Real Estate Commission Price Fixing Class Action Expanded to Cover All of Canada

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TORONTO — A class action alleging price fixing commissions within the residential real estate industry has expanded to cover all of Canada. The Statement of Claim was filed in the Federal Court on January 19, 2023. The lawsuit says that real estate brokerages across Canada have agreed to a series of illegal rules leading to illegal increases in the price of residential real estate commissions. It also alleges that the Canadian Real Estate Association and local real estate boards across Canada are responsible for this misconduct.

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A prior lawsuit was filed on behalf of residential real estate sellers in Toronto. This new lawsuit covers all real estate regions in Canada, other than Toronto. It follows on the heals of a decision by the Federal Court finding that it was “at least arguable” that the rules agreed to by the Toronto real estate brokerages were illegal and contrary to the Competition Act.

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The case centers around a rule that requires home sellers who list their house on a Multiple Listing Service, or MLS, to make an offer of commission to the buyer’s real estate brokerage. In so doing, the rule makes the seller responsible to pay for the buyer brokerage services used by the buyer. The lawsuit alleges that this rule prevents competition in the buyer brokerage industry leading to higher commissions than what would otherwise exist in a competitive market.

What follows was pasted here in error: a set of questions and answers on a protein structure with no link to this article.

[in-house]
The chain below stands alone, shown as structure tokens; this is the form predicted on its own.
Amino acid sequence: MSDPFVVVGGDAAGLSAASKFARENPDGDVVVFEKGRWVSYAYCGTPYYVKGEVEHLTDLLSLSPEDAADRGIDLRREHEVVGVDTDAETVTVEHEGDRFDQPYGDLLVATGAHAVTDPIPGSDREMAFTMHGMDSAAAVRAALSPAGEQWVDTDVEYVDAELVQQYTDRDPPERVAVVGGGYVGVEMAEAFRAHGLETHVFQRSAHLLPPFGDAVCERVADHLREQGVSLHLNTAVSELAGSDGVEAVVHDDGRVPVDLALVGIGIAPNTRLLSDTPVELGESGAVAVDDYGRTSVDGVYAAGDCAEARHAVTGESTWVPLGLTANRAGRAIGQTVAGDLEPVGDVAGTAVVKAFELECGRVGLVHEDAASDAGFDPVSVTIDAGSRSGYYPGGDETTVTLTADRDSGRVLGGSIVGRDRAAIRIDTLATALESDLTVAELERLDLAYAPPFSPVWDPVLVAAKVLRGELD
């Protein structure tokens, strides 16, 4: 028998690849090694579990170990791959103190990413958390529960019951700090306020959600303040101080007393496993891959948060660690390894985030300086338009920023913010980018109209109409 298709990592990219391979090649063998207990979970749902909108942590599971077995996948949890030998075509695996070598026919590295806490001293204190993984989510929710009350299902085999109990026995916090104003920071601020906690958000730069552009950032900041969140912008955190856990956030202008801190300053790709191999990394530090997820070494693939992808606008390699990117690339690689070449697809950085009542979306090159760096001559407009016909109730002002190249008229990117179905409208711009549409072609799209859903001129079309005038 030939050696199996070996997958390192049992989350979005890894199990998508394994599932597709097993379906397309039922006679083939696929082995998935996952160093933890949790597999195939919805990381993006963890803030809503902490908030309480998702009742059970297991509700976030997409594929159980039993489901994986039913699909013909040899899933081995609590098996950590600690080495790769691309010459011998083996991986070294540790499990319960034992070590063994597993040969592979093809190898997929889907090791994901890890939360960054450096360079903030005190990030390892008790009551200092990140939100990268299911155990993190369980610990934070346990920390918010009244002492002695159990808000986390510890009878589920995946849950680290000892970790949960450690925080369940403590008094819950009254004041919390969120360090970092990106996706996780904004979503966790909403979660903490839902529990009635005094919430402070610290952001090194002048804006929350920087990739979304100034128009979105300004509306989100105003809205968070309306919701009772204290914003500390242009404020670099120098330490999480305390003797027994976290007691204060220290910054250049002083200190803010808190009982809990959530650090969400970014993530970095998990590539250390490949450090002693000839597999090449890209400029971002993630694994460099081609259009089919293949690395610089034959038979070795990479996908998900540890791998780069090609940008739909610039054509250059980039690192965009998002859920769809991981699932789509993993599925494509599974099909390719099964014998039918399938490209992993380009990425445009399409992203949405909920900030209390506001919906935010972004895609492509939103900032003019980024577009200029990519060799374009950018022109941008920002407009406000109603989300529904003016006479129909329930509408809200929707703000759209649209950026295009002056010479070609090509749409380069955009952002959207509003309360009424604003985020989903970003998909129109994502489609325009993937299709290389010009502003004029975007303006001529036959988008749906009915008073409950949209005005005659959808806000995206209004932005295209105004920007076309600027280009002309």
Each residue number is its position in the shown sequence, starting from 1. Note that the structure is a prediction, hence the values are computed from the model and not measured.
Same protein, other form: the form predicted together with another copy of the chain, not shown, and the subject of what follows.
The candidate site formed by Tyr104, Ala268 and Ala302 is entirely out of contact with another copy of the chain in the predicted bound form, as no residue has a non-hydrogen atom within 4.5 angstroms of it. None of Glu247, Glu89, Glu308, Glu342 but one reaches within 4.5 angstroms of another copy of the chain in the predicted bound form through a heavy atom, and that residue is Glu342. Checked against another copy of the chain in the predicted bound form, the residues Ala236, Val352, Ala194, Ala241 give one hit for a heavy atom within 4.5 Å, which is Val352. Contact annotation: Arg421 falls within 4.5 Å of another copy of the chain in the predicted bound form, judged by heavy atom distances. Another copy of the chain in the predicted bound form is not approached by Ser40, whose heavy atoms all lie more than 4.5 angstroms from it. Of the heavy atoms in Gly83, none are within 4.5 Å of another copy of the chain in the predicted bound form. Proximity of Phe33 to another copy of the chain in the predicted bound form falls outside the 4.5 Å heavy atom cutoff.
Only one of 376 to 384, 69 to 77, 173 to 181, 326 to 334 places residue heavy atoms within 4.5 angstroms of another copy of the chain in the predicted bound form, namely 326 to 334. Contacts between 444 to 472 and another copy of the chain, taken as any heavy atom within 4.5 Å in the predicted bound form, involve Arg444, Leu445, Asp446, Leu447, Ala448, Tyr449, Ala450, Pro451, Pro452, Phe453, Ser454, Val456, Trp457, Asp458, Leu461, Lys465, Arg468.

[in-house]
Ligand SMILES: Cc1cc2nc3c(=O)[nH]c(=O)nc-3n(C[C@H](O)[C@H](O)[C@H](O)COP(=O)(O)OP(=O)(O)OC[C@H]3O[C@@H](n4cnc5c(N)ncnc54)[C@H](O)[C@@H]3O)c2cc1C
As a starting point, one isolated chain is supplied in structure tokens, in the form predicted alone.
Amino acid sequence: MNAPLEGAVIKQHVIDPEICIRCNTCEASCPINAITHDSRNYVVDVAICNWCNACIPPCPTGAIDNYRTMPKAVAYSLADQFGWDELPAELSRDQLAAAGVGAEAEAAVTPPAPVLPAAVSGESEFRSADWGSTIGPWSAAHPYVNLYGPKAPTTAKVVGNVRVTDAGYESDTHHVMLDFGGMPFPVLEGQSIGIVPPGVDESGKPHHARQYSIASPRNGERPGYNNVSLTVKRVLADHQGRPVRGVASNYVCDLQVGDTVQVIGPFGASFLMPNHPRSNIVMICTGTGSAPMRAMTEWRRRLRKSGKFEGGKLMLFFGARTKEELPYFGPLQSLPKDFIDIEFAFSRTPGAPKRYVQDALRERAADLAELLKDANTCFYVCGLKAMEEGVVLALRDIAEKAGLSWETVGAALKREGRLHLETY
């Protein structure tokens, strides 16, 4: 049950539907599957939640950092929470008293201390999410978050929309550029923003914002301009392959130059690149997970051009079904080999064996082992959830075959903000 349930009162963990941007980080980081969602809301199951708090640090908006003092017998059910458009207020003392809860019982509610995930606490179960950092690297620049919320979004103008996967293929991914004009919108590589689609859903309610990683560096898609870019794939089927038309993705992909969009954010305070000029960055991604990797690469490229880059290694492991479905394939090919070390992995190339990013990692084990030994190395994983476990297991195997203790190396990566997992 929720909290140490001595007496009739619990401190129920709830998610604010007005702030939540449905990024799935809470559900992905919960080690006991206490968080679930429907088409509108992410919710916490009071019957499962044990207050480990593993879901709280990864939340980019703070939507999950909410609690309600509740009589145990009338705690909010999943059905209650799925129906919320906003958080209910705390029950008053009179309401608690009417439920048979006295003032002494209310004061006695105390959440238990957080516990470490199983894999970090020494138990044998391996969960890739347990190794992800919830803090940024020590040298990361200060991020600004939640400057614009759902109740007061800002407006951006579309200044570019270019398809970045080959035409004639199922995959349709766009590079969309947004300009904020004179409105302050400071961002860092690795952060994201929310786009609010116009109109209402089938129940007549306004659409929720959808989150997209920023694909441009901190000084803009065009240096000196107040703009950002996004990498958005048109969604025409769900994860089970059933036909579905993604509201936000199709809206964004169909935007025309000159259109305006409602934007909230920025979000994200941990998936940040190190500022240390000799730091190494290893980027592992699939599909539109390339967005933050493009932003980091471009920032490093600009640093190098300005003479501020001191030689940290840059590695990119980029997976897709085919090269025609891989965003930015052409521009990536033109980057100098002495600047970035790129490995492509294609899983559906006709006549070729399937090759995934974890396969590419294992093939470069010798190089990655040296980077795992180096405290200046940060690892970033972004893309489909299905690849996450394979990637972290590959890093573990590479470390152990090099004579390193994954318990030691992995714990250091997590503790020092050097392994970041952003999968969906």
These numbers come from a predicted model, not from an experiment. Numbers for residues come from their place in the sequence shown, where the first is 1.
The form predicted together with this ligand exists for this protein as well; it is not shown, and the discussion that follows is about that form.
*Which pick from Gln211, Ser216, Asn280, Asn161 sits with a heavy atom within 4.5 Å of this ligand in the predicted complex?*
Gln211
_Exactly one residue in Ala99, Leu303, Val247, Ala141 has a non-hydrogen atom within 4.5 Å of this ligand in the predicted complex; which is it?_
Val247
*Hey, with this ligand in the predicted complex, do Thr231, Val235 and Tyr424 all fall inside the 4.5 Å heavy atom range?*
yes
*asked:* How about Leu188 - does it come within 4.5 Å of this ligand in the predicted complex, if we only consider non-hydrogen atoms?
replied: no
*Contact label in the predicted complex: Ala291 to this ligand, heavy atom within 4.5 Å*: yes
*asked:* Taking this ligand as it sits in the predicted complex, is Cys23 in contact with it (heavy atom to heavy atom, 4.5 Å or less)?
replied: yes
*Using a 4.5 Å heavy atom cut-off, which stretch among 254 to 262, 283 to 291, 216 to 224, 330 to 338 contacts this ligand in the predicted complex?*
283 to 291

“The rules should protect the homeowners, not the entrenched real estate industry,” said Kevin McFall, the plaintiff in the class action.

“This practice needs to end,” said Garth Myers of Kalloghlian Myers LLP, one of the lawyers who brought the lawsuit. “The cost of housing is a major problem in Canada. The unfortunate reality is that the real estate industry is contributing to this problem.”

“Technological advances should have caused the price for buyer brokerage services to drop. Instead, the cost of buyer brokerage services has skyrocketed,” said Paul Bates of Bates Barristers P.C., another lawyer working on the case.

“When you make the seller responsible for paying for services used by buyers, there is no longer any incentive for buyers to consider not using a buyer brokerage at all, or to seek a reduced price. In this way, the rule eliminate the downward pressure on the price for buyer brokerage services,” explained John Syme of John Syme Law, another lawyer working on the case.

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Garth Myers
[email protected]
(647) 969-4472


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